The UK National Quantum Technology Hub for Sensors and Metrology were delighted to receive Chris Skidmore, Minister of State for the Department for Education and the Department for Business, Energy and Industrial Strategy, on Friday 17th May 2019.
The visit, led by Dr Simon Bennett, Director of the Quantum Technology Hub and Professor Andy Schofield, Head of College for Engineering and Physical Sciences, began outside the Metallurgy and Materials building for an introduction to the Gravity Pioneer project, which is funded by Innovate UK as part of the Industry Strategy Challenge Fund. This project, which was announced last year at the National Quantum Technologies Showcase, is led by RSK; the scientific leadership is led by the University of Birmingham.
The REVEAL project was also exhibited. This project, which is funded by Innovate UK and led by the University of Birmingham, aims to build a prototype industrial quantum gravity gradiometer, enabling engineers to conduct subterranean surveying to identify potentially life-threatening underground objects such as sinkholes and mineshafts before construction takes place.
The quantum gravity gradiometer was introduced by Professor Trevor Cross, Group Chief Technology Officer at Teledyne e2v, lead participant for the REVEAL project. A number of other industry representatives were also present, such as Professor George Tuckwell, Director at RSK, also a participant in the project, as well as representatives from BAE Systems and MBDA.
The delegation were then led upstairs for a tour of labs, beginning with a visit to the Gravity Gradients Lab, where the Minister was shown gravity instruments built by Quantum Technology Hub researchers with the invaluable help of industry collaborators.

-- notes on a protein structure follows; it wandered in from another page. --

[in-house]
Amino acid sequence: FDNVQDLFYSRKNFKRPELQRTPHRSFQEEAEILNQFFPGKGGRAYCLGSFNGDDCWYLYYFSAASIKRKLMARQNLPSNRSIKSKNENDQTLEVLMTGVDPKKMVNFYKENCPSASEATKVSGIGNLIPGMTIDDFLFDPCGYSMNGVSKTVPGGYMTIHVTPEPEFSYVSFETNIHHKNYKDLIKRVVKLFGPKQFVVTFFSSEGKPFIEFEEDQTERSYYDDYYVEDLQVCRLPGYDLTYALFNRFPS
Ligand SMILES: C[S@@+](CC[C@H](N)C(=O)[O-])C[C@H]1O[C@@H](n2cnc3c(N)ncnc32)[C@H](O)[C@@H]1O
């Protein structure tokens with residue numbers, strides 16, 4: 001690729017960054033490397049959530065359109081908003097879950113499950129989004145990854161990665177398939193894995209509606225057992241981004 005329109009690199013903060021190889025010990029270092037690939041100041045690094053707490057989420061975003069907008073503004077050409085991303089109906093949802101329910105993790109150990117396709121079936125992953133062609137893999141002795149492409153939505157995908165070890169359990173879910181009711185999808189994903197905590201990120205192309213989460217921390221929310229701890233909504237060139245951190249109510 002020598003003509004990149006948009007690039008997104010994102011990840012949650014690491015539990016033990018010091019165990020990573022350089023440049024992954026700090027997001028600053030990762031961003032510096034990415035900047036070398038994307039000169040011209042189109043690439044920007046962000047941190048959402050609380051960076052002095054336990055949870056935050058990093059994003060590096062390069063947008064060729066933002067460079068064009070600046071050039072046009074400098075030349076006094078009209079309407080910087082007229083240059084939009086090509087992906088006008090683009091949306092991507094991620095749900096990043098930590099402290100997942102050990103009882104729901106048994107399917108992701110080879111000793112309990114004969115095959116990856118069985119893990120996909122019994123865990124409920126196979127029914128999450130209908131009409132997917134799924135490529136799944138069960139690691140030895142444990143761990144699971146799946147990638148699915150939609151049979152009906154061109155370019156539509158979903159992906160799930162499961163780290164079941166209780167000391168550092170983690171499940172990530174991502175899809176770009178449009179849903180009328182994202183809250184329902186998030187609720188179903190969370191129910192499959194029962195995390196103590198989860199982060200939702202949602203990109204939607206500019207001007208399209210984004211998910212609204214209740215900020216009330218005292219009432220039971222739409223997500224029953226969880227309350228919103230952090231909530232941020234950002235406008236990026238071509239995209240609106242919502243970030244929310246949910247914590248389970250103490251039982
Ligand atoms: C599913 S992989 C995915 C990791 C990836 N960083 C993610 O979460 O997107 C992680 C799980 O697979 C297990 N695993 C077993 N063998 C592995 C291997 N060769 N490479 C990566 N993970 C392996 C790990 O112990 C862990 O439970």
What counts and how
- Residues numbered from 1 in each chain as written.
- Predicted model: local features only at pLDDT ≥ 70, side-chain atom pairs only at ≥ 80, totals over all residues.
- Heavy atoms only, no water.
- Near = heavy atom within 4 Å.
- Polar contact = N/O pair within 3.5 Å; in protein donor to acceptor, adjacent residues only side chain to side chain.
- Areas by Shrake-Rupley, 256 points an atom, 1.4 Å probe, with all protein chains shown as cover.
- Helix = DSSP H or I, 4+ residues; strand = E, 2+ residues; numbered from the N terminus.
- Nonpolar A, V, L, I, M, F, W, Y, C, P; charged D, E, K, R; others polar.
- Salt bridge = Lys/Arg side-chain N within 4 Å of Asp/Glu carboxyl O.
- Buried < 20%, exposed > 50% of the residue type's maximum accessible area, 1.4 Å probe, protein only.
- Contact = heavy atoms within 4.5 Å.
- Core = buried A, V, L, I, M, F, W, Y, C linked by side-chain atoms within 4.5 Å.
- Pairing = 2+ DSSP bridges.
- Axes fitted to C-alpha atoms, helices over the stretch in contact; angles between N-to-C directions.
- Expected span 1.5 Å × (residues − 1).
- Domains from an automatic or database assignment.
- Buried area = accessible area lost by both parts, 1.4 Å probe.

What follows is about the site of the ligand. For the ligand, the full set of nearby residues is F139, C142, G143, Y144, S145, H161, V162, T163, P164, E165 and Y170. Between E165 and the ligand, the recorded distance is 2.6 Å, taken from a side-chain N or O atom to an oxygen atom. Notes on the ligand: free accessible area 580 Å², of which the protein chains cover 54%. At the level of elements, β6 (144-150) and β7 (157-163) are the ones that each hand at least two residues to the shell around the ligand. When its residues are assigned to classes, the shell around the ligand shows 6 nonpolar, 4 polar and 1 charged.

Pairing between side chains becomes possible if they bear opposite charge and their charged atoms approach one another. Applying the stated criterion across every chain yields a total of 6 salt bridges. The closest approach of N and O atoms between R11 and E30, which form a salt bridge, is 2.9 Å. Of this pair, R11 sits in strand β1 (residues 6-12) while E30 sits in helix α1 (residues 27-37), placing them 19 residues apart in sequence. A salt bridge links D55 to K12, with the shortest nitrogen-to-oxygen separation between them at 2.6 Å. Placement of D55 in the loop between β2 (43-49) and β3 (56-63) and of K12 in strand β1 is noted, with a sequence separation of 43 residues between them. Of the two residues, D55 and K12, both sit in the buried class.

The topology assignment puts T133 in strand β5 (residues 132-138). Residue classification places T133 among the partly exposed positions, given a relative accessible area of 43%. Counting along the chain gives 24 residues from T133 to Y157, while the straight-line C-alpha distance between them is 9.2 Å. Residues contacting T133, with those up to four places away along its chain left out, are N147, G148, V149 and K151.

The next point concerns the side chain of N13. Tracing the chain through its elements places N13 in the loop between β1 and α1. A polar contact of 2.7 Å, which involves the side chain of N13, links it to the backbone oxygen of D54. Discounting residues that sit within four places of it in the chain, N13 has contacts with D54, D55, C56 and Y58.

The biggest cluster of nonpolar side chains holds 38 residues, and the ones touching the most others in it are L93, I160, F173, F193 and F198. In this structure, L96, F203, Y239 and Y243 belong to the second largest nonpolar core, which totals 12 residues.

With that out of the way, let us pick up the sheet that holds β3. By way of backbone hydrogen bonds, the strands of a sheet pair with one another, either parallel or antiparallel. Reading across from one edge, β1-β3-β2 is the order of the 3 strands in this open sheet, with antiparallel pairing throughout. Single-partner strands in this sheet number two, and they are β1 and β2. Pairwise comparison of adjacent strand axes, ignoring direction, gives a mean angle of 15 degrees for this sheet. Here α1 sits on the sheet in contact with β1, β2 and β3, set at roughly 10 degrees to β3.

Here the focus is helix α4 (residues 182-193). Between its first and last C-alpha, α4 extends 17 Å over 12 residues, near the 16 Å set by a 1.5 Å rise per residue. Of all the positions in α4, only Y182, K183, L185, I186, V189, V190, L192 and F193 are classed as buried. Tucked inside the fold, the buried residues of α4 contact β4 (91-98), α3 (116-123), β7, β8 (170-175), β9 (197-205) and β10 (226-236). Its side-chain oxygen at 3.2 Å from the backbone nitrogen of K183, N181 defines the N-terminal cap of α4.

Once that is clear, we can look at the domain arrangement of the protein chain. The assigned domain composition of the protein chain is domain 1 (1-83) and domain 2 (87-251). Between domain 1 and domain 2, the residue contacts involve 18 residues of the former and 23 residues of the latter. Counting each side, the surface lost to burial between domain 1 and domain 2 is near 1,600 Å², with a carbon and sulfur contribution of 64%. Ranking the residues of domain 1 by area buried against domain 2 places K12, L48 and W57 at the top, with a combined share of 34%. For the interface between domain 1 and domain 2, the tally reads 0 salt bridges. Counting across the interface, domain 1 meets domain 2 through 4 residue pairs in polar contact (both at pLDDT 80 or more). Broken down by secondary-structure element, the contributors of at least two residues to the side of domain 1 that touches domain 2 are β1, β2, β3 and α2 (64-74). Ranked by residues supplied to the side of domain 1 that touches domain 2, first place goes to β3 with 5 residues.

After moving to the neighbouring lab, Dr Michael Holynski, Atom Interferometry Team Lead, introduced the gravity platform project and instruments, and its potential applications in defence and navigation. The CASPA project was also shown during the visit. This project aims to send satellites with sensors into space to monitor changes in the earth, meaning that it will be possible to predict earthquakes, floods and other geological disasters.
The delegation also visited the quantum clocks lab. Dr Yeshpal Singh leads the quantum clocks research at the Quantum Technology Hub, which aims to meet the growing demand from industry for more accurate and precise timing. Once the quantum clocks are fully developed and implemented, they will be hugely impactful for satellite navigation, high-speed internet and even with furthering efficiency in the banking/finance sectors, by enabling precise financial timestamps. The Hub’s work in quantum radar was also introduced by Professor Chris Baker, Chair of Intelligent Sensor Systems at the University of Birmingham.
The visit concluded with a short walk to the Centre for Human Brain Health, where the delegation met Co-Director Professor Ole Jensen, who, alongside Dr Matthew Brookes from the University of Nottingham, introduced the research into developing non-invasive brain imaging technology using Magnetoencephalography (MEG).
Professor Jensen spoke about the aim of miniaturising the current brain imaging technology whilst increasing its sensitivity, meaning that the final product will be accessible and can be easily obtained to be used in hospitals and GP surgeries.
Quantum sensors will have a huge sector-wide impact, and its real implementation into everyday life is not too far away, thanks to close industry collaboration. This was the primary message which formed the basis of the visit: from construction to diagnosis and even space, it is imperative that quantum sensor research remains a priority research area across government, industry and academia.